Somaly is 39 years old and her husband, Vet, is 45 years old. They live along National Road five, about twenty-five kilometers from Phnom Penh City. They have been married since 1990 and have four children – three sons and one daughter. One is a garment worker and the others are in school.
Somaly sells Khmer noodles; she buys them from her village and transports to sell in Phnom Penh market. Her husband is a motor taxi driver; he hopes to switch from the motor taxi to a Tuk-Tuk, because it could carry more goods and people than a motor taxi. Somaly wants to help her husband’s business by purchasing him a Tuk-Tuk, so she is asking for her first loan in the amount of $800.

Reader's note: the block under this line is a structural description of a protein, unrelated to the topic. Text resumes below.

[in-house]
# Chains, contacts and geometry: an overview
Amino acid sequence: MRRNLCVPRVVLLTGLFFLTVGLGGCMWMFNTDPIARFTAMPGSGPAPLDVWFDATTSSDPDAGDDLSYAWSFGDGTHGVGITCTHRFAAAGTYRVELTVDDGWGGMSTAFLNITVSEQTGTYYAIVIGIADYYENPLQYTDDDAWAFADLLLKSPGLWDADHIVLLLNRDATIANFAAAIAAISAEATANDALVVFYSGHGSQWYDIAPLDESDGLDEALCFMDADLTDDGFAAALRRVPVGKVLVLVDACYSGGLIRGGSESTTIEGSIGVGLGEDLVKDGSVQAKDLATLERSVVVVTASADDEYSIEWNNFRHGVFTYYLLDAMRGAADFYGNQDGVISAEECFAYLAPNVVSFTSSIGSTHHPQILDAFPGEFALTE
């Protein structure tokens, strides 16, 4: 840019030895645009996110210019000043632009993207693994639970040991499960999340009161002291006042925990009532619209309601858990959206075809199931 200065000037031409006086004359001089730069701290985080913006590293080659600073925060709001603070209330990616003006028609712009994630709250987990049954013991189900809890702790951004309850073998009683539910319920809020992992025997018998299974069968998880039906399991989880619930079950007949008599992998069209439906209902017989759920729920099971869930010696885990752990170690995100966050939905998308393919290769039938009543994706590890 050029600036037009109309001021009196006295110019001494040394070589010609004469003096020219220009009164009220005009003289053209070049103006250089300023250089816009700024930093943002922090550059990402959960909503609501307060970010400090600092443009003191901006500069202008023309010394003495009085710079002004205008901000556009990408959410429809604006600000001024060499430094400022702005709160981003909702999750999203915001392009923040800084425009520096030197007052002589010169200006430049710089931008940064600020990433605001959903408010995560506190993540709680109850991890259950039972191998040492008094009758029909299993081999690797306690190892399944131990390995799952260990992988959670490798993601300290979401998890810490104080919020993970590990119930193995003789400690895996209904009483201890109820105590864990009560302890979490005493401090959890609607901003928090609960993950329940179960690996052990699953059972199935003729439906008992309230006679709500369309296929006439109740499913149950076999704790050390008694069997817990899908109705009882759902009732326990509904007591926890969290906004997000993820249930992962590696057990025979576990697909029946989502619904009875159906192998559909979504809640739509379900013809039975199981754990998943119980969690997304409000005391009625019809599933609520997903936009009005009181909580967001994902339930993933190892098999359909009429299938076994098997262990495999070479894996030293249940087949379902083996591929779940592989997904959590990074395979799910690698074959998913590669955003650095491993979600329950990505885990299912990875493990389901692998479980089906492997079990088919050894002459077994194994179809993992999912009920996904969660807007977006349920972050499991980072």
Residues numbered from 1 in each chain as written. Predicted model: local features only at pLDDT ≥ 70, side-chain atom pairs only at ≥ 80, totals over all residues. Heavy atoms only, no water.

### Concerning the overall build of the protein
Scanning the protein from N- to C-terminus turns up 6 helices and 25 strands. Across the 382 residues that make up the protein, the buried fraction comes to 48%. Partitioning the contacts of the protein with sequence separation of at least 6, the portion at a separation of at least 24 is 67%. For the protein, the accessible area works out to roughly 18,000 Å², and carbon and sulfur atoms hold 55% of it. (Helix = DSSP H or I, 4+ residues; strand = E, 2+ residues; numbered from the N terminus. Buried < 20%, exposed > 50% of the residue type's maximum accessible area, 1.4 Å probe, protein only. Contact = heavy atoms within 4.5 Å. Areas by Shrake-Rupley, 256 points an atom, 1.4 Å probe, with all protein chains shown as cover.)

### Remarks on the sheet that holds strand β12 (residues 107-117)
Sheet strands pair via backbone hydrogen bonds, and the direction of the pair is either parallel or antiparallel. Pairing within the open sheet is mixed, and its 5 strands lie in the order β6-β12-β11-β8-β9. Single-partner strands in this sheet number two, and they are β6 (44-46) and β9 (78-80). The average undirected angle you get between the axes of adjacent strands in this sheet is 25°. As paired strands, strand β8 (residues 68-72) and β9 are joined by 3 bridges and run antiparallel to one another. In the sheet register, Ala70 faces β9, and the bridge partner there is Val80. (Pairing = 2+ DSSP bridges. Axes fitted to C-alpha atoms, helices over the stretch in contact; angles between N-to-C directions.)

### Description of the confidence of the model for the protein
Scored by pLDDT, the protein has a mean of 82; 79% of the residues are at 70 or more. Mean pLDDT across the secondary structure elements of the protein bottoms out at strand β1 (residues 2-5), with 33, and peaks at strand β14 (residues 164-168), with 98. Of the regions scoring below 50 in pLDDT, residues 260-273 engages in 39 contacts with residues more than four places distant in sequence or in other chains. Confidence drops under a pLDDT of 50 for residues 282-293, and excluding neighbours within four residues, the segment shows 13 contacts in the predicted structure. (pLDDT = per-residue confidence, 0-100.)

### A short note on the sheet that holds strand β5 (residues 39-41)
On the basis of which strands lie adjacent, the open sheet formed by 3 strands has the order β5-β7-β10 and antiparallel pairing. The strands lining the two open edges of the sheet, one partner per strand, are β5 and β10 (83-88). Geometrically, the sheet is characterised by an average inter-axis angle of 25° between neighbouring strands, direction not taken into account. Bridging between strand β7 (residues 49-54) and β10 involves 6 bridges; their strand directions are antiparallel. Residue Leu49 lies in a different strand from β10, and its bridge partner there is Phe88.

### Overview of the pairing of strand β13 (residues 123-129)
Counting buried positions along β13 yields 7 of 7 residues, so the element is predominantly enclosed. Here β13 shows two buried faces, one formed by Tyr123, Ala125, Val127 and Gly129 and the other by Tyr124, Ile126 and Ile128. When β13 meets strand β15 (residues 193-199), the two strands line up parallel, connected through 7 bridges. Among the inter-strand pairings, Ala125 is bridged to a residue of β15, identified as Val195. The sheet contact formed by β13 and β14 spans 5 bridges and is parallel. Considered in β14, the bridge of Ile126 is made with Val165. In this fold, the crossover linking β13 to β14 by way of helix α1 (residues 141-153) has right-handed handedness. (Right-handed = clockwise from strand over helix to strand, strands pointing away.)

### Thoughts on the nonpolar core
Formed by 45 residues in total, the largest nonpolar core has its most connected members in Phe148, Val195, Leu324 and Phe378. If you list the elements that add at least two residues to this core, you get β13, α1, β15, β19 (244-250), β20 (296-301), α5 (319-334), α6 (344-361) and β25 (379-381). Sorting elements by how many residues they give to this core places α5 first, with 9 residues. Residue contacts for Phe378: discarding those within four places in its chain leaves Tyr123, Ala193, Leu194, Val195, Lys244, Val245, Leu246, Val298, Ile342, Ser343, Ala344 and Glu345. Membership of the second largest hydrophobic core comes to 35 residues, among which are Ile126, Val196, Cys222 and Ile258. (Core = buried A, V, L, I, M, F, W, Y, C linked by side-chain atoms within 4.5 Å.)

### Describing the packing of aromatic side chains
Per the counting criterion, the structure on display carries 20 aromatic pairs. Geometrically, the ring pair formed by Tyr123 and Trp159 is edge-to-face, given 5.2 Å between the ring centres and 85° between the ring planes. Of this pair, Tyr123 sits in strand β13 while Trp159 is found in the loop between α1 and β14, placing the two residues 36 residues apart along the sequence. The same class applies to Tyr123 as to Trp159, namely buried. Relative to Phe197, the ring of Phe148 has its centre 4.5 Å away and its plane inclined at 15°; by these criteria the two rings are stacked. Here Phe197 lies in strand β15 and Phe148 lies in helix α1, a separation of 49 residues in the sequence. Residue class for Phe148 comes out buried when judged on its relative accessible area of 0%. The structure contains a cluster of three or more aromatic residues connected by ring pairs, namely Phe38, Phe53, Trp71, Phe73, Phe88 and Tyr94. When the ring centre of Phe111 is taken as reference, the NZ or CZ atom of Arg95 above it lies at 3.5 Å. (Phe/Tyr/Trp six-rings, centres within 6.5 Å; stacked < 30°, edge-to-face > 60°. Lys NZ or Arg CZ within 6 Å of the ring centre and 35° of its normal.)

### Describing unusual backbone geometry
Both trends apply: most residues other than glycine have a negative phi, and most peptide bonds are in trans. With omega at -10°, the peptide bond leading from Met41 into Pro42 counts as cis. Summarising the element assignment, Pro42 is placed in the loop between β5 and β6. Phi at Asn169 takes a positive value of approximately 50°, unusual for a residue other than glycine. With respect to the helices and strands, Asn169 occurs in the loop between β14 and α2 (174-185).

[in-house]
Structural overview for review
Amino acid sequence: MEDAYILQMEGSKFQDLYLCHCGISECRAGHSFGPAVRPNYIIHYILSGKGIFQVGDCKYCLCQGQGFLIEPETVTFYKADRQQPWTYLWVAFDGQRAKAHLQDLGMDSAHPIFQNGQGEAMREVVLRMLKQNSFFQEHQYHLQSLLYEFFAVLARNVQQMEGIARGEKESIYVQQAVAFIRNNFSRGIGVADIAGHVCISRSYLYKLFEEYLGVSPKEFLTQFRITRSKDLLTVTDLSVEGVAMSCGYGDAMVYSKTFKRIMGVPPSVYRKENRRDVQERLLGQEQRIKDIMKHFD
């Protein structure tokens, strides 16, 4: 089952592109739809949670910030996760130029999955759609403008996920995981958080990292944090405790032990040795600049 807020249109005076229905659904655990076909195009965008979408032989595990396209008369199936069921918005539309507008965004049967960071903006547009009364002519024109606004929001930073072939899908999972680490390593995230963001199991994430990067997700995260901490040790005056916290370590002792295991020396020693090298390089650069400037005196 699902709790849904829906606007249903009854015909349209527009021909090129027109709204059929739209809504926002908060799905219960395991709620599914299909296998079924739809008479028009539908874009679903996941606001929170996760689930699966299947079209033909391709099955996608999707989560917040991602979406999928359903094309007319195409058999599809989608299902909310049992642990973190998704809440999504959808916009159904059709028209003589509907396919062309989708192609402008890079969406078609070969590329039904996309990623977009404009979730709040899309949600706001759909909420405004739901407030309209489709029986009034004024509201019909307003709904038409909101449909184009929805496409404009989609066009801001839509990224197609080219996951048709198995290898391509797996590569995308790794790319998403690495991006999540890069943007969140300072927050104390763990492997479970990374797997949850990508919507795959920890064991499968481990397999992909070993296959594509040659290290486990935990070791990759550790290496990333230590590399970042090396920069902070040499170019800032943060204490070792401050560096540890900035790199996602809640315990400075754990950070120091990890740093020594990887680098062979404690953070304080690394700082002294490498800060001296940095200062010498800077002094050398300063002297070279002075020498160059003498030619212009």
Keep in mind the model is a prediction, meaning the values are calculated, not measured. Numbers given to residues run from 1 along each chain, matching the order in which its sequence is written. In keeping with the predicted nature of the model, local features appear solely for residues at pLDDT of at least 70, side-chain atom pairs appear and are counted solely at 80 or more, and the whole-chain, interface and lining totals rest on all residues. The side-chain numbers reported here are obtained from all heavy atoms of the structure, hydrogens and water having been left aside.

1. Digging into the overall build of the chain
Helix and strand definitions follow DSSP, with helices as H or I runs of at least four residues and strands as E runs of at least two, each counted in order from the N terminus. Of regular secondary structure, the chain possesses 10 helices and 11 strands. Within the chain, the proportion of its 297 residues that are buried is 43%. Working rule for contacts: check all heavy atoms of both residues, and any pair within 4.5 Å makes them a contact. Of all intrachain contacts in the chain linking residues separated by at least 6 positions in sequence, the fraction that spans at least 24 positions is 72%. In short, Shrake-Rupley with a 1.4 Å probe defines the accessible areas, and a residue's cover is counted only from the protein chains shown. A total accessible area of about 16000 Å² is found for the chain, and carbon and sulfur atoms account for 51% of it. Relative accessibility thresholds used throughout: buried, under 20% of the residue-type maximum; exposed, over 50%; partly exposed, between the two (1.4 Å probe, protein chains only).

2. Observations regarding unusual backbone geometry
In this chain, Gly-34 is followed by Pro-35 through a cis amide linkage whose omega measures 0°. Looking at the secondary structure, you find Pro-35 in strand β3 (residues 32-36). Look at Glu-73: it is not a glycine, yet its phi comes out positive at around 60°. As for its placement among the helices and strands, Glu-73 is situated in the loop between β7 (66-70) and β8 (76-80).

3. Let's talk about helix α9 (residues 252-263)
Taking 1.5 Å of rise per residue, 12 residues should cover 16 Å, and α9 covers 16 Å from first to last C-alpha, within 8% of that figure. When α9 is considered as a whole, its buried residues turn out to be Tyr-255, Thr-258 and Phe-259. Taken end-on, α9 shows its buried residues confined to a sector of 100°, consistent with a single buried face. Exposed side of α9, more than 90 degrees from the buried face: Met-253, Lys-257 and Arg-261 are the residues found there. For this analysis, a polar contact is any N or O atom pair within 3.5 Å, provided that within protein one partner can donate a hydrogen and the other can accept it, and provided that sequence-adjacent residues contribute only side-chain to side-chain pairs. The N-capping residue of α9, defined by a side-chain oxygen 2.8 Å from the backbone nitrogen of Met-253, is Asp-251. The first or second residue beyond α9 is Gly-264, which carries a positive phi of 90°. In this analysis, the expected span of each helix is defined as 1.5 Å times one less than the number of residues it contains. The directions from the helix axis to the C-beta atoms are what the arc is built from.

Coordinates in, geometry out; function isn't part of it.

MAXIMA Mikroheranhvatho is a Cambodian microfinance institution founded in 2000 to help low-income rural and urban people and small- to medium-sized businesses (SMEs) access financial services. Sustainable access to credit helps to create jobs and enables business owners improve their living conditions, educate their children, provide health care to their families, and more. It also enables the rural poor to remain at home with their families, rather than moving to city centers in search of employment.